Tremor can be classified into two main categories:

Parkinsonian tremor

Parkinsonian tremor is a common symptom of Parkinson’s disease, although not all people with Parkinson’s disease have tremor. Generally, symptoms include shaking in one or both hands at rest. It may also affect the chin, lips, face, and legs. The tremor may initially appear in only one limb or on just one side of the body. As the disease progresses, it may spread to both sides of the body. The tremor is often made worse by stress or strong emotions. More than 25 percent of people with Parkinson’s disease also have an associated action tremor.

Resting tremor occurs when the muscle is relaxed, such as when the hands are resting on the lap.  With this disorder, a person’s hands, arms, or legs may shake even when they are at rest.  Often, the tremor only affects the hand or fingers.  This type of tremor is often seen in people with Parkinson’s disease and is called a “pillrolling” tremor because the circular finger and hand movements resemble rolling of small objects or pills in the hand. 

Action tremor

Action tremor occurs with the voluntary movement of a muscle. Most types of tremor are considered action tremor. There are several sub-classifications of action tremor, many of which overlap.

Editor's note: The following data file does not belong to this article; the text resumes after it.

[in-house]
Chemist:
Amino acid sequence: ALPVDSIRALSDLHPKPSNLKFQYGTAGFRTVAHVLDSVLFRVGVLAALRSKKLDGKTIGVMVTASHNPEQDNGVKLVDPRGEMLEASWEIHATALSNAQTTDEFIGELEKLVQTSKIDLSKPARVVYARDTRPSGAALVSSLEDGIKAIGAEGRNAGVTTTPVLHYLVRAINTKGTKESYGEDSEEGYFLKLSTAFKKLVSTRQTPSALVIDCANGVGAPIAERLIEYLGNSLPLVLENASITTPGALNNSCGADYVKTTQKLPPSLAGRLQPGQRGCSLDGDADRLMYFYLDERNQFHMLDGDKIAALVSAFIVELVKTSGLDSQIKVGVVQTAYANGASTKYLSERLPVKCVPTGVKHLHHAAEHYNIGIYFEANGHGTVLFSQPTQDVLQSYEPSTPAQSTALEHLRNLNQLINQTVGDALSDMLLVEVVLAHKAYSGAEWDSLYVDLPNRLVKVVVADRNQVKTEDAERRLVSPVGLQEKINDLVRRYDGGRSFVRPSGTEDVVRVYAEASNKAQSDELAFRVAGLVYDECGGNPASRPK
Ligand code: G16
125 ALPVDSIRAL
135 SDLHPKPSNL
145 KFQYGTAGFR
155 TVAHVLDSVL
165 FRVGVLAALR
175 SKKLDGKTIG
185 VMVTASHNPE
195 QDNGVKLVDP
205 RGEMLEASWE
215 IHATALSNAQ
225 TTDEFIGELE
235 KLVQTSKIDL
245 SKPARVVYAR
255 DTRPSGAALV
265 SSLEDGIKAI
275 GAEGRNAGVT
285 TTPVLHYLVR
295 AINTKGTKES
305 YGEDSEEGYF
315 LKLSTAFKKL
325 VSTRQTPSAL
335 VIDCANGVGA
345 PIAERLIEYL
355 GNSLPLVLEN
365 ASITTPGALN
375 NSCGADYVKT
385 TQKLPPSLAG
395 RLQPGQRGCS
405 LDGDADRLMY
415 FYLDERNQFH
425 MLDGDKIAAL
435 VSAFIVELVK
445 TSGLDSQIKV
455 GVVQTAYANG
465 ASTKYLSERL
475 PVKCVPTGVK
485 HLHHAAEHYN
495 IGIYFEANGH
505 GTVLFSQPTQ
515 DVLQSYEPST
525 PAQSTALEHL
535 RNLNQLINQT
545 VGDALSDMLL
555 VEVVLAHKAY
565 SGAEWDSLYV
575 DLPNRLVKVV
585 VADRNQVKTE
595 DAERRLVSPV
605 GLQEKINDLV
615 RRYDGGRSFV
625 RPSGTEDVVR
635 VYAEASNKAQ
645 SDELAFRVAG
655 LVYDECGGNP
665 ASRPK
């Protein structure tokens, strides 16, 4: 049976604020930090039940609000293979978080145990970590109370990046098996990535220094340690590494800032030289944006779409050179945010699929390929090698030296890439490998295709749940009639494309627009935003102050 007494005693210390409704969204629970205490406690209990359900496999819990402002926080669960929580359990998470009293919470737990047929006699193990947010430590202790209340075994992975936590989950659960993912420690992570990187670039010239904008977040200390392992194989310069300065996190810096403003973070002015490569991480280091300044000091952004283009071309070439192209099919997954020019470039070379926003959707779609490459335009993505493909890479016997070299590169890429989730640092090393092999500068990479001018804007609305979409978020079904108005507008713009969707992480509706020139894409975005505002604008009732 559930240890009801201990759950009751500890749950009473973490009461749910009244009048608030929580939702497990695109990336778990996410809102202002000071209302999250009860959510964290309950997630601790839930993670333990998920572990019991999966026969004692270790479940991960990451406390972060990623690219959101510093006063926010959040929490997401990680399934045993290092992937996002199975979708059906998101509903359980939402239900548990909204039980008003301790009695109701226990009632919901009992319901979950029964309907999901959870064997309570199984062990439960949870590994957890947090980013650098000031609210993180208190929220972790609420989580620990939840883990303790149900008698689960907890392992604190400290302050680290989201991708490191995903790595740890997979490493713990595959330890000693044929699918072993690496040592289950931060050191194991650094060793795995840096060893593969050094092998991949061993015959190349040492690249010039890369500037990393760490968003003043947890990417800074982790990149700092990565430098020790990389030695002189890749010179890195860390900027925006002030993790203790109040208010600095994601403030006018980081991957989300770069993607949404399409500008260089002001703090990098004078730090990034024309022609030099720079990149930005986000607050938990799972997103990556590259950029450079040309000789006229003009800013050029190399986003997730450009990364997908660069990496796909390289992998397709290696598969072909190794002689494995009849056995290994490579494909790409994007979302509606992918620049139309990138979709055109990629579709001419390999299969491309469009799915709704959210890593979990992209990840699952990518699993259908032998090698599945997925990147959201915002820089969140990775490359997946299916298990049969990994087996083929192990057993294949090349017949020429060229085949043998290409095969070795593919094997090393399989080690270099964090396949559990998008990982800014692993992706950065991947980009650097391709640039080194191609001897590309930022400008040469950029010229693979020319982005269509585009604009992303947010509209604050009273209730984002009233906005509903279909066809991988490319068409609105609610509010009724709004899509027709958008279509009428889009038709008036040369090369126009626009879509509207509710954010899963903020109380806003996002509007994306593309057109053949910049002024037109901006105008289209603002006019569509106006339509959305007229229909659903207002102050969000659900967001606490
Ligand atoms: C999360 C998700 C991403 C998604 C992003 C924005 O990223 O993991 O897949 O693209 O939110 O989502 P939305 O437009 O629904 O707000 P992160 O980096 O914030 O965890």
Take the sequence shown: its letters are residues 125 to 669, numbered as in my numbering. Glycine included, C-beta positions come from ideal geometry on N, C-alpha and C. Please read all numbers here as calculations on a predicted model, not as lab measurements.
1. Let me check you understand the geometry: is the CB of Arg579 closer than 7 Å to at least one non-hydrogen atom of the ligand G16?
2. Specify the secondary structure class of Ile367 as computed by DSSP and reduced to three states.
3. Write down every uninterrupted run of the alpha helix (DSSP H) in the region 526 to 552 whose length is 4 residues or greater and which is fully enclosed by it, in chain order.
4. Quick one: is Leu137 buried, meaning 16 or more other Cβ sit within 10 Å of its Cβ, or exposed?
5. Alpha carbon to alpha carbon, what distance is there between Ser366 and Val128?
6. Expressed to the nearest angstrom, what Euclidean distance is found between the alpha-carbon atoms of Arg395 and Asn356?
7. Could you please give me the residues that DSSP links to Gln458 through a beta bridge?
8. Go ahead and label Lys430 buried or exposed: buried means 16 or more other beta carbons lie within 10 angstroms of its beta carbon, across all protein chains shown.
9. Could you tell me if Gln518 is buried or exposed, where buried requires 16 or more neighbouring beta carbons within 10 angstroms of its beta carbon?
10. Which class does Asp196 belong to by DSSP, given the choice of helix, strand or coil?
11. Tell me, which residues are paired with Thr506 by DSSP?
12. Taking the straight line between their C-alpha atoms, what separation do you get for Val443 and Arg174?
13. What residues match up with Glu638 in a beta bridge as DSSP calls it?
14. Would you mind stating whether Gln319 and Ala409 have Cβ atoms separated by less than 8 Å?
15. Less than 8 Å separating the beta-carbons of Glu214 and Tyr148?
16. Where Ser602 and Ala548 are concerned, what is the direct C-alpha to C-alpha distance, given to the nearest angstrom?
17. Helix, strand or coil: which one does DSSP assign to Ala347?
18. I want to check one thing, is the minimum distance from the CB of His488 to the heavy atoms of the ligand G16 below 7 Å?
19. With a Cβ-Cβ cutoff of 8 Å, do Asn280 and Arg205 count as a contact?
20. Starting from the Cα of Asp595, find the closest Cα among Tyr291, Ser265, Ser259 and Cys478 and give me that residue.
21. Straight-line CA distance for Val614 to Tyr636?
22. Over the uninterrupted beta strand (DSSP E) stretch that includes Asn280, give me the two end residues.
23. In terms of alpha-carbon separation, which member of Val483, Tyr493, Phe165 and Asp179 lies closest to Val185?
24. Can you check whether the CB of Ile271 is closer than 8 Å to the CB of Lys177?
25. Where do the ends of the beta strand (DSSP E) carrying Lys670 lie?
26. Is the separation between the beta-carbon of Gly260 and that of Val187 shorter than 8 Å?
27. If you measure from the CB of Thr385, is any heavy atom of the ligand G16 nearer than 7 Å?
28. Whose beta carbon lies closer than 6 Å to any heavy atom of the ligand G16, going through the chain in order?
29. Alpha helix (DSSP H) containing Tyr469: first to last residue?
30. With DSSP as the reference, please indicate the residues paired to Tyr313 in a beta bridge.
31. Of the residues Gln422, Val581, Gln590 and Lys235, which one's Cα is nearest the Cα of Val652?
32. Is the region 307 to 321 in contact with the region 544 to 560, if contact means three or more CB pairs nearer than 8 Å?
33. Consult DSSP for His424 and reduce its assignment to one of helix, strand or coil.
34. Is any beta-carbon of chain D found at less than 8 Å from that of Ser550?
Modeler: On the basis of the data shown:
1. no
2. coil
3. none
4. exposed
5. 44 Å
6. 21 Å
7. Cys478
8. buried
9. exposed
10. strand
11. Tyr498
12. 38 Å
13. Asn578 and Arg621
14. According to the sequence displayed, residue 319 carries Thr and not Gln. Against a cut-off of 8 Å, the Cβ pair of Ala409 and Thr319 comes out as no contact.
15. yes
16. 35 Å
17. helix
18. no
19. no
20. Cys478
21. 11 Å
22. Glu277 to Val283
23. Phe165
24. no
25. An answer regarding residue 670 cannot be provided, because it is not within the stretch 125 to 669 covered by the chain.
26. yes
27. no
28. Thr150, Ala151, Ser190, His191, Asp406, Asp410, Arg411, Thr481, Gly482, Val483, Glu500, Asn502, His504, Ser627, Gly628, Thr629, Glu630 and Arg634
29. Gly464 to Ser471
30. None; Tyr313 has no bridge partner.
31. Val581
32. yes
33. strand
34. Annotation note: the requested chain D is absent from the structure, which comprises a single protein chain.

Most of the tremors I have experienced are Action tremors. Which means, they happen when I am actively trying to do something. All I need to do, to stop the tremor is to relax my hand, or leg, etc. The problem comes when I need to maintain a grip, because I am carrying something or lifting a utinsel toward my mouth, because if I relax it would result in a dropped item or spilled food. I have learned to use two hands when carrying items I would previously carried with one hand, and lay my fork down while I chew. I feel very fortunate that I am able to relax my feet, legs. arms, hands and even my chin/jaw with ease.

A tremor is most commonly classified by its appearance and cause or origin.  There are more than 20 types of tremor.  Since I don’t manifest very much resting tremors but have many non-motor symptoms, the Doctor ordered a datscan, to confirm I had a significant lose of dopamine… thus Parkinson’s instead of essential tremor

Essential tremor

Essential tremor (previously also called benign essential tremor or familial tremor) is one of the most common movement disorders.  The exact cause of essential tremor is unknown.  For some people this tremor is mild and remains stable for many years.  The tremor usually appears on both sides of the body, but is often noticed more in the dominant hand because it is an action tremor.

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